This project will use computational methods to assess risks.
An expectation of the society we live in is that the food that we eat is safe. That is
- it does not contain harmful bacteria (e.g. Listeria, Salmonella, Campylobacter, E. coli O157) or their toxins (e.g. aflatoxins, botulinum and staphylococcal toxins) that can cause disease.
- it does not include allergens (e.g. peanuts, sesame seeds etc) unless they are declared on the packaging.
- it does not contain levels of chemical contaminants (e.g. pesticides. PCBs, dioxins, plastics etc,) that are detrimental to health either now or in the future.
But how do you determine whether food is safe? A possible way is to check foodstuffs by microbiological or chemical methods for the contaminants mentioned above. However, it is not practical to test every batch of food for every possible contaminant. Hence, there is a need to assess risk without having complete information about possible contaminants in every piece of food. But what is risk?
Risk comprises two different aspects. The first is the probability that the contaminant is in the food. The second is the severity – how ill it will make you if you eat it (mild illness, hospitalisation, death).
Risk assessment is the scientific/technical approach of estimating the risk.
The risk assessment approach can be broken into 4 steps which are:
- Identification of the hazard (type of contaminant and foodstuff it may be found in).
- Characterisation of the hazard (the response of individuals to an ingested dose and subsequent illness).
- Exposure assessment (estimating likely contamination rates from farm to fork and calculating the dose ingested per meal).
- Risk characterisation (working out risk across the exposed population determining number of illnesses, hospitalizations and deaths each year).
Together with the supervisors, the student will select the type of hazard to be studied (e.g. from list above) and the type of food (e.g. dairy, fish, meat, salads, complex foods etc.).
A quantitative risk assessment model will be built from farm to fork. Key variables at each step of the chain will be identified and data will be obtained from the literature and the supervisors own research.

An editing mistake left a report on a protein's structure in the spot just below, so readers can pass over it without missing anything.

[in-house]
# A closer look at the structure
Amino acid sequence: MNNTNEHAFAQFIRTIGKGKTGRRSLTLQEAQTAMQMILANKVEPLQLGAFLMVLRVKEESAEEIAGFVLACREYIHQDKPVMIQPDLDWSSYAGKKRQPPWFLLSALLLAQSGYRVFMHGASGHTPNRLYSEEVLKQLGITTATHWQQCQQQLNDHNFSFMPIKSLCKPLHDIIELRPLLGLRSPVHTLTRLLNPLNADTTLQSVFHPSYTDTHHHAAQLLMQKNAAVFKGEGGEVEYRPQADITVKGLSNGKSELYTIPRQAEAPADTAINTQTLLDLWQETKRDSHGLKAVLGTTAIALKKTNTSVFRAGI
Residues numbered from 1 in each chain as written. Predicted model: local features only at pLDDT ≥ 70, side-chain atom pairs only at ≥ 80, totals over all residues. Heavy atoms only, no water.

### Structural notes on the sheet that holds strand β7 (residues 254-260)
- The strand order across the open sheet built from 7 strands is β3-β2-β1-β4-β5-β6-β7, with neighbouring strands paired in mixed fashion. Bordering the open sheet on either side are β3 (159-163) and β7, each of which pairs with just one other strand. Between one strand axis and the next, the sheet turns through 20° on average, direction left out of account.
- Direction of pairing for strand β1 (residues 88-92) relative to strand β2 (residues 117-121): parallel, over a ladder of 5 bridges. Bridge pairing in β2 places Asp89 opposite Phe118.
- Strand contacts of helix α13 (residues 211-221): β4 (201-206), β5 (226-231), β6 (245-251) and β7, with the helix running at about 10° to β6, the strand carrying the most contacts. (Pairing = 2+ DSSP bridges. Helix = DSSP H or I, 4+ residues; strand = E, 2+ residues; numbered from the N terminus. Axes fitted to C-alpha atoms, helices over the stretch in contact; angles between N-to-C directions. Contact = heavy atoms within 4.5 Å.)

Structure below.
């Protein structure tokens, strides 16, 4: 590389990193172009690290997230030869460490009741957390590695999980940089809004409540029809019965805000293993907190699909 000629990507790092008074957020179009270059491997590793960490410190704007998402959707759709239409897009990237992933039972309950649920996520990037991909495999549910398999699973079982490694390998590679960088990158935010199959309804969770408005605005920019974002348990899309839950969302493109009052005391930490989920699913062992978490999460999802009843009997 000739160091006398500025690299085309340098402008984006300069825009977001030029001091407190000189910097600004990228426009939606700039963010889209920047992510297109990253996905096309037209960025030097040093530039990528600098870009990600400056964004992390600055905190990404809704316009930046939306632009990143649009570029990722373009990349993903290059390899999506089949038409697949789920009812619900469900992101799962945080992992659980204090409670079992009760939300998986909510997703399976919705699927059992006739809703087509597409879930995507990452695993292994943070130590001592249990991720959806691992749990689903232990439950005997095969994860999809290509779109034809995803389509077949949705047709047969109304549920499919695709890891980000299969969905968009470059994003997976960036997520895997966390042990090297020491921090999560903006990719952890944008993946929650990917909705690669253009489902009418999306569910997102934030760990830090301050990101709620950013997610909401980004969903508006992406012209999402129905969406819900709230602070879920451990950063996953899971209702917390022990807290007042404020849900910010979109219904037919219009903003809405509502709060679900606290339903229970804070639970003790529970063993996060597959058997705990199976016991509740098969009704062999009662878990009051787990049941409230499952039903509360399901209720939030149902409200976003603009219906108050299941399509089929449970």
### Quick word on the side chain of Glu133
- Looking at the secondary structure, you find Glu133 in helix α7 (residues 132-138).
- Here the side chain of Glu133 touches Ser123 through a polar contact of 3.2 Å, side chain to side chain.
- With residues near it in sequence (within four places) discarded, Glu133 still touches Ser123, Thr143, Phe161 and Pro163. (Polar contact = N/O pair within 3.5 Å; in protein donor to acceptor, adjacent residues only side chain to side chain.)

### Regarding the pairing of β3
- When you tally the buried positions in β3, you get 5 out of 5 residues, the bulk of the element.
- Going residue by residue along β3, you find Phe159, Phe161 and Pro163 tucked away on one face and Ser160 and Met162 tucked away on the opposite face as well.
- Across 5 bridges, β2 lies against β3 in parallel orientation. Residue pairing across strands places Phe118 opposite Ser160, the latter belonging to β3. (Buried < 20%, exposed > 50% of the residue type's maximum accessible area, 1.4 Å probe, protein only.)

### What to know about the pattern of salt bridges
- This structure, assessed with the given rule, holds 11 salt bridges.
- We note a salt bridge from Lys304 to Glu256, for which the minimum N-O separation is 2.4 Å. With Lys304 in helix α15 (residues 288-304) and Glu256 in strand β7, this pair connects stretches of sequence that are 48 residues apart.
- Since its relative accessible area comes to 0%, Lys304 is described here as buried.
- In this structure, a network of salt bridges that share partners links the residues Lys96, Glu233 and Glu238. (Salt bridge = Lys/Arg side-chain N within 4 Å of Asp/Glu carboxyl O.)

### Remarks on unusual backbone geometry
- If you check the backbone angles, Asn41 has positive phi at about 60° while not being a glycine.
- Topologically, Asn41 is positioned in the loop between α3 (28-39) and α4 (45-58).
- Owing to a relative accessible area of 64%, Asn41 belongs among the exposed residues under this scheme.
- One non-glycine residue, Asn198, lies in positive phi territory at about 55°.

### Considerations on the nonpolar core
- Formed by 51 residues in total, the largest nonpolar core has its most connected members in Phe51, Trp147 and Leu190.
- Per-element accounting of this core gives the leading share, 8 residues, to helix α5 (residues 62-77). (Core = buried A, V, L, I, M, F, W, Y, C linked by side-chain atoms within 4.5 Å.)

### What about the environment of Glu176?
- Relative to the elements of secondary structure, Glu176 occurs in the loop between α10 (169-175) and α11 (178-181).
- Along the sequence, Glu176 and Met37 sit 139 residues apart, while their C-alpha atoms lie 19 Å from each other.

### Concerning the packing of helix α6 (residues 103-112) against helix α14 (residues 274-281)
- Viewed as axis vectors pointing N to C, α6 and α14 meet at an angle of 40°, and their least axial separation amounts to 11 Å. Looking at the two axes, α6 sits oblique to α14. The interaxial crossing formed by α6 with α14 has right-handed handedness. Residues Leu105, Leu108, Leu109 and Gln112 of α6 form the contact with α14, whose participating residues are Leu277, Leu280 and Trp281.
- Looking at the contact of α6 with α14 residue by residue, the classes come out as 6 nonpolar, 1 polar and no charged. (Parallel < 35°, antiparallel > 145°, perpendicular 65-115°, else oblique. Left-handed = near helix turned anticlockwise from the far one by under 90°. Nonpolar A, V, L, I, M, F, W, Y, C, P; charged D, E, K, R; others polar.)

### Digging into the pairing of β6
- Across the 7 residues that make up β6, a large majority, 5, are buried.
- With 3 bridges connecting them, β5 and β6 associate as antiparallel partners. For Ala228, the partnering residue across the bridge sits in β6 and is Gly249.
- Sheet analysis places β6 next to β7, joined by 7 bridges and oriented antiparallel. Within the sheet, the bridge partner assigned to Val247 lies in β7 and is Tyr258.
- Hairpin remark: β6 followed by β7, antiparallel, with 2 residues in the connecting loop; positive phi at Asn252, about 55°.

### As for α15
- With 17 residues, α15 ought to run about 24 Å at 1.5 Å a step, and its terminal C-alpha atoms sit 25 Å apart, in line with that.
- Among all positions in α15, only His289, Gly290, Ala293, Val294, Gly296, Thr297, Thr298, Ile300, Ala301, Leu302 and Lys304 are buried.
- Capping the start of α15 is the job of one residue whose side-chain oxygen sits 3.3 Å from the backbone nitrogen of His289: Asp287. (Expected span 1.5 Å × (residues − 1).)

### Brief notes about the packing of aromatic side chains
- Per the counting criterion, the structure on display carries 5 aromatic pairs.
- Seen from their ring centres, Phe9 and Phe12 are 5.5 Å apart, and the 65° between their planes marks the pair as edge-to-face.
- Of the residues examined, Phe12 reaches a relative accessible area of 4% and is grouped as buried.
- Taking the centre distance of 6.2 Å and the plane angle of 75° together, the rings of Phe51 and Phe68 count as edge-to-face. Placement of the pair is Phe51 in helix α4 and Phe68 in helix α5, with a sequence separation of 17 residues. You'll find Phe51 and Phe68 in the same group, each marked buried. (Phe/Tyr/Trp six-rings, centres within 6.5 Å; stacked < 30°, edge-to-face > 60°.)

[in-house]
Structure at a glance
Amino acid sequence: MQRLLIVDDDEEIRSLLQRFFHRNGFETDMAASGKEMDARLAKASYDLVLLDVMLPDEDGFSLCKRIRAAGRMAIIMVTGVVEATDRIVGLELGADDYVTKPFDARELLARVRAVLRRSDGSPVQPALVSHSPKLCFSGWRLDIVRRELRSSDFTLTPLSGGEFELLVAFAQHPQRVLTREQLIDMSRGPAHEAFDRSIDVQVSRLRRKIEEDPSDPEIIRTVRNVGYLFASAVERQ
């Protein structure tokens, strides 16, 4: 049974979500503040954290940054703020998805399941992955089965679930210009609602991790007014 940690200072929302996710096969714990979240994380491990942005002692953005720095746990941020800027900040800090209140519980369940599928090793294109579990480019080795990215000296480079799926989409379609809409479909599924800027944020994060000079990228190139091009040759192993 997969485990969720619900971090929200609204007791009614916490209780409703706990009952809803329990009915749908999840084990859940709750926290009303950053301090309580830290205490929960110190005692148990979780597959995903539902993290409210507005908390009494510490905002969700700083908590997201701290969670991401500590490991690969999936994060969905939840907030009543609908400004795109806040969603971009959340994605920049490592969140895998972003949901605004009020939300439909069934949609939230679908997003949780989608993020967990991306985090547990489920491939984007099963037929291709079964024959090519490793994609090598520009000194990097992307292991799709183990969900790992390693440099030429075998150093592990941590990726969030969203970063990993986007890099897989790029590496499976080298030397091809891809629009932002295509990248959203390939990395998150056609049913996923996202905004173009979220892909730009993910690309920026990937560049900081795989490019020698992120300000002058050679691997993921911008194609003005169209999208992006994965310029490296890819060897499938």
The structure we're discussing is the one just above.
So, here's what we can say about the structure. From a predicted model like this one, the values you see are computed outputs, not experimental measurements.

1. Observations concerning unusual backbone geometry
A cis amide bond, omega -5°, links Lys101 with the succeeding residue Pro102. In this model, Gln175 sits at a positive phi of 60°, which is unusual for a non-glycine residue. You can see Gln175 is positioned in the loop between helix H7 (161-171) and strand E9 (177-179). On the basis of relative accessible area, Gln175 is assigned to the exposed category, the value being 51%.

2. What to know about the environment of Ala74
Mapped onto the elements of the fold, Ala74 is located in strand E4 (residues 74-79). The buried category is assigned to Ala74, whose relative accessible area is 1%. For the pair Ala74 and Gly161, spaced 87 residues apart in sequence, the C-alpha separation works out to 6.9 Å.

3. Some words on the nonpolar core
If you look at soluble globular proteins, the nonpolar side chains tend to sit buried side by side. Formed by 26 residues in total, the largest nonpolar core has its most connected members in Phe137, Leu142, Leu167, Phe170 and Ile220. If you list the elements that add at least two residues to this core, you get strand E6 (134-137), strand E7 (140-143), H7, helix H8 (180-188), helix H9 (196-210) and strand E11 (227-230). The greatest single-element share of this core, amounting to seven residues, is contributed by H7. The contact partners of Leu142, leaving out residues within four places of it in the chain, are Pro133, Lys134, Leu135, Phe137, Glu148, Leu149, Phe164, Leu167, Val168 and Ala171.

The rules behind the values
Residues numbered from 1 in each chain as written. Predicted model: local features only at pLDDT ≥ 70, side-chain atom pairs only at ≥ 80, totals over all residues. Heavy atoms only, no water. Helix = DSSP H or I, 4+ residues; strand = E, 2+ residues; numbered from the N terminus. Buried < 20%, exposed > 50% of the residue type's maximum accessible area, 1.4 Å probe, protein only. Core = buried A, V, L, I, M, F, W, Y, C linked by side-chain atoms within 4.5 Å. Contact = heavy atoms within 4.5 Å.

The model can be implemented in various ways depending on the preference and skillset of the student. This ranges from using existing software implemented on excel to the possibility of developing the model in a high level language. All training will be provided and there may also be the opportunity to work alongside industry.
By the end of the project, the acquired skillset will make the student well placed for employment in risk assessment in not only the food sector but also other sectors that value similar expertise (e.g. environmental science, finance etc.).
Candidates should have (or expect to achieve) a UK honours degree at 2.1 or above (or equivalent) in Applied maths, food science, quantitative biology, bioinformatics, statistics, physics, data science, biology but with expertise in statistics and computing. A numerate background is not essential but should have an interest in food safety or risk assessment along with an interest in modelling of biological systems. Experience in modelling, computer programming and computational models is not essential but would be beneficial.
• Apply for Degree of Doctor of Philosophy in Physics
• State name of the lead supervisor as the Name of Proposed Supervisor
• State ‘Self-funded’ as Intended Source of Funding
• State the exact project title on the application form
When applying please ensure all required documents are attached:
• All degree certificates and transcripts (Undergraduate AND Postgraduate MSc-officially translated into English where necessary)
• Detailed CV
• Details of 2 academic referees
Informal inquiries can be made to Prof Norval Strachan ([email protected]
) with a copy of your curriculum vitae and cover letter. All general enquiries should be directed to the Postgraduate Research School ([email protected]
Bao Dominguez, M., Pierce, GJ., Pascual, S., González-Muñoz, M., Mattiucci, S., Mladineo, I., Cipriani, P., Bušelić, I. & Strachan, NJC. (2017). 'Assessing the risk of an emerging zoonosis of worldwide concern: anisakiasis'. Scientific Reports, vol 7, 43699. Available at www.nature.com/articles/srep43699
Poppy G (2016) Food Allergy and Intolerance. CSA Science Report available at www.food.gov.uk/sites/default/files/media/document/fifth-csa-report-allergy%20%281%29.pdf
FAO/WHO (2009) Principles and methods for the risk assessment of chemicals in food. Available at www.who.int/foodsafety/publications/chemical-food/en/
Eva Møller Nielsen, Jonas T. Björkman, Kristoffer Kiil, Kathie Grant, Tim Dallman, Anaïs Painset, Corinne Amar, Sophie Roussel, Laurent Guillier, Benjamin Félix, Ovidiu Rotariu, Francisco Perez‐Reche, Ken Forbes, Norval Strachan (2017) Closing gaps for performing a risk assessment on Listeria monocytogenes in ready‐to‐eat (RTE) foods: activity 3, the comparison of isolates from different compartments along the food chain, and from humans using whole genome sequencing (WGS) analysis. EFSA supporting publication. https://efsa.onlinelibrary.wiley.com/doi/epdf/10.2903/sp.efsa.2017.EN-1151
Teunis, P. F., F. Kasuga, A. Fazil, I. D. Ogden, O. Rotariu, and N. J. Strachan. 2010. Dose-response modeling of Salmonella using outbreak data. Int. J. Food Microbiol. 144:243-249.
Rotariu, O., I. D. Ogden, L. MacRitchie, K. J. Forbes, P. Cross, A. P. Williams, C. J. Hunter, P. F. M. Teunis, and N. J. C. Strachan. 2012. Applying risk assessment and spatial epidemiology to elucidate the source of human E. coli O157 infection. Epidemiology and Infection, 140(8), 1414-1429.